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Tampa Bay Periodontics and Implant Dentistry
James G. Wilson, DMD
Diplomate, American Board of Periodontology

Crown Lengthening

Crown lengthening is often required when your tooth needs a new crown or other restoration, but due to the position of, for example, decay or a fracture, the edge of the new restoration would be deep below the gum tissue and not accessible to your restoring dentist. Without the crown lengthening procedure in these cases, the surrounding tissues will be chronically inflammed due to improper spacing between the base of the restoration

 

Before photo - taken from the tongue side

 

After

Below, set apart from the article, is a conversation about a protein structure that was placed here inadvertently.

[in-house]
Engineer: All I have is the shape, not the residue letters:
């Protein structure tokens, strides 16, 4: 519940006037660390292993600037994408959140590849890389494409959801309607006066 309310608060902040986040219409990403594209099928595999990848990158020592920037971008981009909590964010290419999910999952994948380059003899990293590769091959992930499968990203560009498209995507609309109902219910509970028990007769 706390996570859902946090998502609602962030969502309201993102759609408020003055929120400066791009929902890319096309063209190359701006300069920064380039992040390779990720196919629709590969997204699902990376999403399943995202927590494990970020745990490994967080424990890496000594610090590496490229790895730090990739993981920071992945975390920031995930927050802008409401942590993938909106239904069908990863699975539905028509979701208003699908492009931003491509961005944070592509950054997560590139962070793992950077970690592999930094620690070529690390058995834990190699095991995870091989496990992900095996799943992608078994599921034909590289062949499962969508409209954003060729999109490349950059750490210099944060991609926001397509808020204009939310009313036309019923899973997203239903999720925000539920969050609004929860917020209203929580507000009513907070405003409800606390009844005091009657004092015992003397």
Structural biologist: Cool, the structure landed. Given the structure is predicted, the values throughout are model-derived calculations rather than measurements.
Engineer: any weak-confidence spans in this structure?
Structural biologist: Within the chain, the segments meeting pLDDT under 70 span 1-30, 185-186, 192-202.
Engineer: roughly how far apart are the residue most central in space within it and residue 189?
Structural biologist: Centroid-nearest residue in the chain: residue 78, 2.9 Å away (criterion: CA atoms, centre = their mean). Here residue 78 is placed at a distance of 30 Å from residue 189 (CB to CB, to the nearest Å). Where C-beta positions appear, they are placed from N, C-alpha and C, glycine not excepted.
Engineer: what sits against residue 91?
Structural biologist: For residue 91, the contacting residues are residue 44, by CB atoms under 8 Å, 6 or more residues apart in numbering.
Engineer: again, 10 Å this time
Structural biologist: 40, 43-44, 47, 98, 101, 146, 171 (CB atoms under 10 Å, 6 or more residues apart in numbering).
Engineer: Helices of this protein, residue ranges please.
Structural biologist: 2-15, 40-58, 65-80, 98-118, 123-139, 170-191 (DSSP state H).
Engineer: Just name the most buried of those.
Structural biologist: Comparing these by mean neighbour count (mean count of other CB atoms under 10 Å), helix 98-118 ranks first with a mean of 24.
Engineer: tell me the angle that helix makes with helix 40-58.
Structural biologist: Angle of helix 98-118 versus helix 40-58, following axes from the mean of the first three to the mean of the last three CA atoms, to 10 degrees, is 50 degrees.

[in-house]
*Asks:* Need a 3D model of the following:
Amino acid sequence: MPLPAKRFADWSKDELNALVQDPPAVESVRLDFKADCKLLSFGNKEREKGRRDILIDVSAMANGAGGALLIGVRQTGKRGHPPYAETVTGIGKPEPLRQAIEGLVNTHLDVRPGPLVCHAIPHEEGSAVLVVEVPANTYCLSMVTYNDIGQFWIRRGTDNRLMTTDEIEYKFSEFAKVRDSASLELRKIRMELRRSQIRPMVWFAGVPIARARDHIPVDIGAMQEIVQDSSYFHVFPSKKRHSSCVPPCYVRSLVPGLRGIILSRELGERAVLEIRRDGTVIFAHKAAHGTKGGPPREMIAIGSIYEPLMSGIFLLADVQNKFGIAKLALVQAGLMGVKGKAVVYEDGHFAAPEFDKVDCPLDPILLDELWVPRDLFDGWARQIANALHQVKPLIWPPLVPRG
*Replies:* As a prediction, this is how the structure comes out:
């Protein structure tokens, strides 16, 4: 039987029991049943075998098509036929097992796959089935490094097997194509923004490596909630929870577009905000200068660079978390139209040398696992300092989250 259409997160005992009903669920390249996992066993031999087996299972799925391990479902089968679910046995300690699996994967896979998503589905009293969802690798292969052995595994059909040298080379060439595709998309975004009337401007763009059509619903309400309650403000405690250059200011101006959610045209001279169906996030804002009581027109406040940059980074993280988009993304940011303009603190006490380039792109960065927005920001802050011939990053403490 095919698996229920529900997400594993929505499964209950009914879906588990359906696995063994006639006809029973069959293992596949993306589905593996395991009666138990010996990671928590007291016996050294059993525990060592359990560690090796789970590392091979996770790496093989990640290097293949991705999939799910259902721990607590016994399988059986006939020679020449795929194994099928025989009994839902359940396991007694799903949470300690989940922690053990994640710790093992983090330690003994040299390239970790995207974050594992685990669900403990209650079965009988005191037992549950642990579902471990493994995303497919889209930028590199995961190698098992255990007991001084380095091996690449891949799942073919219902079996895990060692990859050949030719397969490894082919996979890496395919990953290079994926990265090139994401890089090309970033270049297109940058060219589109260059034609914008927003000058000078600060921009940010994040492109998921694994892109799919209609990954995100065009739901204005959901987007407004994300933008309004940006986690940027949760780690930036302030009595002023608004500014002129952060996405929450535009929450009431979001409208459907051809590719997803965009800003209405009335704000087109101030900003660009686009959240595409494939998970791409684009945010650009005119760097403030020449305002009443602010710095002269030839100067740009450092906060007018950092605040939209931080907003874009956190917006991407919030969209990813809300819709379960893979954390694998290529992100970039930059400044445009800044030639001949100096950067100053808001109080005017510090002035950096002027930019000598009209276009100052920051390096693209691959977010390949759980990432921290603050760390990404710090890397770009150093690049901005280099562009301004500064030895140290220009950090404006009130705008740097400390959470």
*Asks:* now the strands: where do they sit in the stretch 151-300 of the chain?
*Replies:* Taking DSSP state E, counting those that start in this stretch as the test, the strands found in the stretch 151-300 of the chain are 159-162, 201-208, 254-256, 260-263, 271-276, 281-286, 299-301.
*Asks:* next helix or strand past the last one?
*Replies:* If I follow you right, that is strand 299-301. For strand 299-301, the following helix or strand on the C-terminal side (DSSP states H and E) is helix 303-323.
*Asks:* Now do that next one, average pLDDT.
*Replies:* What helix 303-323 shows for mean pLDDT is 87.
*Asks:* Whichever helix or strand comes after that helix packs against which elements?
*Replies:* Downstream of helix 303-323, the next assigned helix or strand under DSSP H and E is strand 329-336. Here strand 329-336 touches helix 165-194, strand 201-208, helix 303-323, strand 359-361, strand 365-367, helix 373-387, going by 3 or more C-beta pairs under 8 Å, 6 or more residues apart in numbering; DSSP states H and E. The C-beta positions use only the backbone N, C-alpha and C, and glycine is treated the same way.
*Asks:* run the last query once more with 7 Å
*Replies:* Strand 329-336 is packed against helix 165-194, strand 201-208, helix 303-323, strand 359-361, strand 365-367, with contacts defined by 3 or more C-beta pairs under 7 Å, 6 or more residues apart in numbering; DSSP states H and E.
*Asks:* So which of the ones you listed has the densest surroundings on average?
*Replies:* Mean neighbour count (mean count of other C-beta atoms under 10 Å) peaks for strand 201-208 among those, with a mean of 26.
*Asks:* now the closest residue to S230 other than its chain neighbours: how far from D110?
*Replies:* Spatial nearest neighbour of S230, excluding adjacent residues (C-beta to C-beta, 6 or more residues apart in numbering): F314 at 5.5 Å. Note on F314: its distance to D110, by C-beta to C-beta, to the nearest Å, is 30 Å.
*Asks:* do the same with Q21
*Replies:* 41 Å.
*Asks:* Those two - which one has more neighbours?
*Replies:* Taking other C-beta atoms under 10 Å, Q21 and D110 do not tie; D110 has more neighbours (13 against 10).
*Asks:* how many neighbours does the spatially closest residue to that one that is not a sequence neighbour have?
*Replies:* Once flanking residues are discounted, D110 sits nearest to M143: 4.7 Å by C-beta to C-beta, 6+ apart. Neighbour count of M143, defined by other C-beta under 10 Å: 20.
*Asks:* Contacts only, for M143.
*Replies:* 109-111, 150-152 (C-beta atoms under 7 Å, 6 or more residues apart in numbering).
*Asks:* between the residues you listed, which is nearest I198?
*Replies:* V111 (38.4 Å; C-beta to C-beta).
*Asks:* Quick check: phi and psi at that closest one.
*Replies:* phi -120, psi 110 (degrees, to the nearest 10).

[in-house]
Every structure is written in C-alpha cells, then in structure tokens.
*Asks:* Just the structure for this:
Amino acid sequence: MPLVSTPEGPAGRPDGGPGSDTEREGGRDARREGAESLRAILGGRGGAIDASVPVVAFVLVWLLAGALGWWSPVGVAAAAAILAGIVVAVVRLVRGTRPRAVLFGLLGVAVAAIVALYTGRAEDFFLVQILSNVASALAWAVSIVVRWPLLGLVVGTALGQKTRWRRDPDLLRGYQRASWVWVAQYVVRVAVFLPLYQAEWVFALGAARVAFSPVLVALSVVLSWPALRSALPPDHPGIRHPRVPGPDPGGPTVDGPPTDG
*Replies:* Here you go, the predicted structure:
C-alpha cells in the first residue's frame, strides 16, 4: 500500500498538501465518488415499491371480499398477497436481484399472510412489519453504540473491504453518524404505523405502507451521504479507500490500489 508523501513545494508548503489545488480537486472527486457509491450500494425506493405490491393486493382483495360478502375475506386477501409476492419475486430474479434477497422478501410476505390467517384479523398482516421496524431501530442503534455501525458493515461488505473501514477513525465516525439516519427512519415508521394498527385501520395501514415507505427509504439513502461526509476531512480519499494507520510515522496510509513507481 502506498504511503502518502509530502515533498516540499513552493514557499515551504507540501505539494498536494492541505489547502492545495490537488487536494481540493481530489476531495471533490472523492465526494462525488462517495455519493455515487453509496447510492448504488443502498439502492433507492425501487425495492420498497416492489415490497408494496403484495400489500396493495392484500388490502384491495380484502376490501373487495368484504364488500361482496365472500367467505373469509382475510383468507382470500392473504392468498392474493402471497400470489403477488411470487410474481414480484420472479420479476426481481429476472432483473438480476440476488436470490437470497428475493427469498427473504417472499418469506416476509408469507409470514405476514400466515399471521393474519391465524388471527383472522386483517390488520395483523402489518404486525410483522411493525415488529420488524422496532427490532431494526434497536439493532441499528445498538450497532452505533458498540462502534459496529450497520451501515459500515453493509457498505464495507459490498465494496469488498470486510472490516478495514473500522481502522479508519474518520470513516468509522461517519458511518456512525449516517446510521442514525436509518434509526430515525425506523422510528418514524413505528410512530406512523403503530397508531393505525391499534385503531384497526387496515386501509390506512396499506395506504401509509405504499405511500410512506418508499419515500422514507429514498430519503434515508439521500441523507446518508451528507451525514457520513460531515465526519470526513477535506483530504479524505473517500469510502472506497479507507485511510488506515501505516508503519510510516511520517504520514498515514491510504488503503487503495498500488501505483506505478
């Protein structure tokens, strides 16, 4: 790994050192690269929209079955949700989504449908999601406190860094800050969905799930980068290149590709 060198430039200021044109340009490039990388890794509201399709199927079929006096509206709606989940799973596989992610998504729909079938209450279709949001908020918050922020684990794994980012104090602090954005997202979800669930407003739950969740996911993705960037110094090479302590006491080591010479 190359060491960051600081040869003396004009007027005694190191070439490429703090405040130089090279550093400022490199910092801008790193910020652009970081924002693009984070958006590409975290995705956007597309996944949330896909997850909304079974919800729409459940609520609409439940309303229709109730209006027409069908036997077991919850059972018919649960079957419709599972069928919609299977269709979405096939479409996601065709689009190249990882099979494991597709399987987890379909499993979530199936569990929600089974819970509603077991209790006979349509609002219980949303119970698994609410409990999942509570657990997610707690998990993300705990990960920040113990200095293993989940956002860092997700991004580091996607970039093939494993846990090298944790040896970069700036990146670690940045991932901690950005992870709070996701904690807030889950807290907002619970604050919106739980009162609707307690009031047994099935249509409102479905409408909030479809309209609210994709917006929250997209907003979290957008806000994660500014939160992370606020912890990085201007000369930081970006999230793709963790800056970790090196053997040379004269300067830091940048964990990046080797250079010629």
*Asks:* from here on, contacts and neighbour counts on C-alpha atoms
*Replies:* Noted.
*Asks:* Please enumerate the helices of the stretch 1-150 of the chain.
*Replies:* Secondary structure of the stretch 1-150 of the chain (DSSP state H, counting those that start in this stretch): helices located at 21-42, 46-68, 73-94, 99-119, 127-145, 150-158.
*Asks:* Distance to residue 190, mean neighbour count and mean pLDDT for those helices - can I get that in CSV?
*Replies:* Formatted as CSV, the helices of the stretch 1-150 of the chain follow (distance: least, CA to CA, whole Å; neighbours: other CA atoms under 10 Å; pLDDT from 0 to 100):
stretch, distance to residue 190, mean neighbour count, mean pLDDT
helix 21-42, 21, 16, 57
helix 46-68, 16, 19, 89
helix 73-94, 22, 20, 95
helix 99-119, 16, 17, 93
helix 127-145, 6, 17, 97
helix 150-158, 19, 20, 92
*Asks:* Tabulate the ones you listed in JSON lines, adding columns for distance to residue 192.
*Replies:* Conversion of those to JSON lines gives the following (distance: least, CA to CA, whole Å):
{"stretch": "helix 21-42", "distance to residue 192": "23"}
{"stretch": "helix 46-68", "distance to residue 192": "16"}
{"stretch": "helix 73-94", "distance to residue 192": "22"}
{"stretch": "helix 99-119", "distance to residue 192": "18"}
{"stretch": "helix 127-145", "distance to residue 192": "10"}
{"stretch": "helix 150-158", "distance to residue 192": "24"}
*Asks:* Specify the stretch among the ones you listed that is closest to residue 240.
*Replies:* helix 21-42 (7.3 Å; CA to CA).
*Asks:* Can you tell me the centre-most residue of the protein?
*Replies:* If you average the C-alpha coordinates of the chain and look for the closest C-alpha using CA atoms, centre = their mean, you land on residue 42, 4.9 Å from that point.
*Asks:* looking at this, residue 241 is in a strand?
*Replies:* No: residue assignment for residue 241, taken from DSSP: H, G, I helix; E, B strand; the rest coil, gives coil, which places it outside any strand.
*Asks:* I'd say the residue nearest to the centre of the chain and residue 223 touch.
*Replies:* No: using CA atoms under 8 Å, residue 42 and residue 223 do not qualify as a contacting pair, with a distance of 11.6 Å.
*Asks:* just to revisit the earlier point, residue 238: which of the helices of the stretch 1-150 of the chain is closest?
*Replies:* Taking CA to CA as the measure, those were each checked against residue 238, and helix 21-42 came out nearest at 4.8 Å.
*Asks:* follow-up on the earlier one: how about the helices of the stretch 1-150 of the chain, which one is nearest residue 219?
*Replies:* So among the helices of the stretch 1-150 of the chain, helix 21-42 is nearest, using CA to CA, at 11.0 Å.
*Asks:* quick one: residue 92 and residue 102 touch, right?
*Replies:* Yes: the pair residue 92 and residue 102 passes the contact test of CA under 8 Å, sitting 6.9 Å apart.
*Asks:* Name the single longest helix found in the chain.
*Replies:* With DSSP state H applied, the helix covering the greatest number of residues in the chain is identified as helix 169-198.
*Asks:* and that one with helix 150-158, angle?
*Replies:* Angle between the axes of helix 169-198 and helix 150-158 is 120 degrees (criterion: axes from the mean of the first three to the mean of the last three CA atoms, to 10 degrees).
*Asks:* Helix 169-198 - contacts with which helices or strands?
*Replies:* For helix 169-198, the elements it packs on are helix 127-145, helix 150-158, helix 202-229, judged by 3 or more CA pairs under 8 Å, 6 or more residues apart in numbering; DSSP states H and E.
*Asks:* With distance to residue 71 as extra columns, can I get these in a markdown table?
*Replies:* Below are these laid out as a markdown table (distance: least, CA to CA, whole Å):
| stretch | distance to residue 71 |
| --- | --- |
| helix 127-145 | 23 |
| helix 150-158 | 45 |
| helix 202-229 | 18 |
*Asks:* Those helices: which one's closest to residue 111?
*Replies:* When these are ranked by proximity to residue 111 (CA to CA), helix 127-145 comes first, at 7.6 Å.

and the bone.

The procedure involves adjusting the level of the gum tissue and bone around the tooth in question to create a new gum-to-tooth relationship. This allows the restoring dentist the access needed to reach the edge of the restoration, ensuring a proper fit to the tooth. It should also provide enough tooth structure so the new restoration is less likely to become loose in the future. Finally, this procedure, which usually takes about an hour, will allow you to clean the edge of the restoration when you brush and floss, thereby preventing decay and gum disease.

When the procedure is completed, resorbable sutures, and occasionally a protective bandage are placed to help secure the new gum-to-tooth relationship. You will need to be seen one or two weeks later for us to evaluate your healing and provide you with further instruction in oral hygiene. Also, we will advise you when to return to your restoring dentist to complete your restoration.

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